Ransomware attacks are a growing problem for computer users and server administrators. The FBI received between 1,500 and 2,700 ransomware complaints in each of the past 5 years, and each instance of ransomware infection can easily result in thousands of dollars of damages.
For years, we have recovered data for ransomware victims, but recently, we have begun to receive an influx of new cases. The threat will only grow, which is why Datarecovery.com now offers specialized services for ransomware recovery and decryption.
You need fast access to your files, but immediately paying the ransomware creator is not a safe or effective option. Call 1-800-237-4200 today to speak with a malware expert or read on to understand your options.
Ransomware or cryptovirus is a malicious program that blocks access to data by encrypting the victim’s media. It then presents the user with a message, asking for money (usually via a digital currency such as Bitcoin). Unless the victim pays, the data will remain permanently encrypted.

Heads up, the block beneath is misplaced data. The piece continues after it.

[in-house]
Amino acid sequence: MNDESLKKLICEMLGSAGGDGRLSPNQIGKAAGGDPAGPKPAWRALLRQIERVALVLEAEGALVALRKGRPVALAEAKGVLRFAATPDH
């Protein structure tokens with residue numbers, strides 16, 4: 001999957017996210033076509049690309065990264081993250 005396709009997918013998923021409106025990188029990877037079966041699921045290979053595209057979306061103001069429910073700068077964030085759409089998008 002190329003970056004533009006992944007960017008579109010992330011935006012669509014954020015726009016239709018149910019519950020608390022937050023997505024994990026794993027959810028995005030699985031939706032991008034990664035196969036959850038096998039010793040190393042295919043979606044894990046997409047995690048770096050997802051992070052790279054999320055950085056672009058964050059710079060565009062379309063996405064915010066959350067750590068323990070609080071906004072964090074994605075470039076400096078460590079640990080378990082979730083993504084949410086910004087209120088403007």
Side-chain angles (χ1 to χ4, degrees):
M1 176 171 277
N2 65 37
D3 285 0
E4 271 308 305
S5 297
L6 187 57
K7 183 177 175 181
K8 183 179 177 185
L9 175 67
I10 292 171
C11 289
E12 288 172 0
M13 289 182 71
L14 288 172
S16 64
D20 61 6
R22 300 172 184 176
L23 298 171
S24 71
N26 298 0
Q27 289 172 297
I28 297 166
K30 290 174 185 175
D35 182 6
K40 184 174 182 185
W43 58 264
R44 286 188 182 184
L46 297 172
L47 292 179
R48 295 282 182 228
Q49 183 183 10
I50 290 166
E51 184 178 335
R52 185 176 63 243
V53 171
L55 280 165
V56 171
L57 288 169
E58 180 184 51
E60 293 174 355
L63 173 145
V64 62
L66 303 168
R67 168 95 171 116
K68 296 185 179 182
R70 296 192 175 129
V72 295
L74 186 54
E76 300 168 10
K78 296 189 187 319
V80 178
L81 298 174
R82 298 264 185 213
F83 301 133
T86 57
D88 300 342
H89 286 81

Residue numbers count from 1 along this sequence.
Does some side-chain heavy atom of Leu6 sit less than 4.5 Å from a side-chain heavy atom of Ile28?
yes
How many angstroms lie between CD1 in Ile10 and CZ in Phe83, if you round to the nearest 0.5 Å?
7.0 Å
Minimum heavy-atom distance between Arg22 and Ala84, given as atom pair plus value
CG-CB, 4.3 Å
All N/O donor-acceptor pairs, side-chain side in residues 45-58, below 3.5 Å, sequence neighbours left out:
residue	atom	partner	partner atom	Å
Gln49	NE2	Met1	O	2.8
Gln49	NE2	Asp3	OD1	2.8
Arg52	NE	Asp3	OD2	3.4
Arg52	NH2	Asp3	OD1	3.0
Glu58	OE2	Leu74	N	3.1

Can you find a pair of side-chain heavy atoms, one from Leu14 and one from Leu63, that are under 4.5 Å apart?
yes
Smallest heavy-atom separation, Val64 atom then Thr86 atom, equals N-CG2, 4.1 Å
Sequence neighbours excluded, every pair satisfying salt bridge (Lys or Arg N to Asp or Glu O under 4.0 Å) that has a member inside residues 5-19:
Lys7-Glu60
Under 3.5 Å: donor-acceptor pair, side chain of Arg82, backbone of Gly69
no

Examples of ransomware include the following and their variants:
The good news is that some ransomware programs use outdated encryption, some of the encryption techniques have been broken, and some keys and source code have been recovered (often after the creator is arrested) enabling decryption. However, in many cases, ransomware encryption is unbreakable.
If your computer is infected with ransomware, Datarecovery.com can help you restore the affected data. As one of the world’s top data recovery companies, we can assist malware victims in several ways:
Paying the ransom is always a last resort, but we leave it open as an option because our goal is to restore your files under any circumstances. As every case is different, we cannot guarantee that a decryption method exists for your case without performing an evaluation.
Call us at 1-800-237-4200 and ask to speak with a ransomware recovery specialist.
Ransomware is installed on your system when you open an infected file. Executables (.exe extension on Windows computers), or files with some sort of execution method, are the most susceptible. For example a Word document (.doc or .docx) may run a macro that allows the cryptovirus to start its process.
Below is a list of ransom note files.
This is a partial list of files, and it may not be completely up to date. If you believe that you have a ransomware-infected file, do not open it. Call us or send us an email to discuss your next steps toward safe recovery.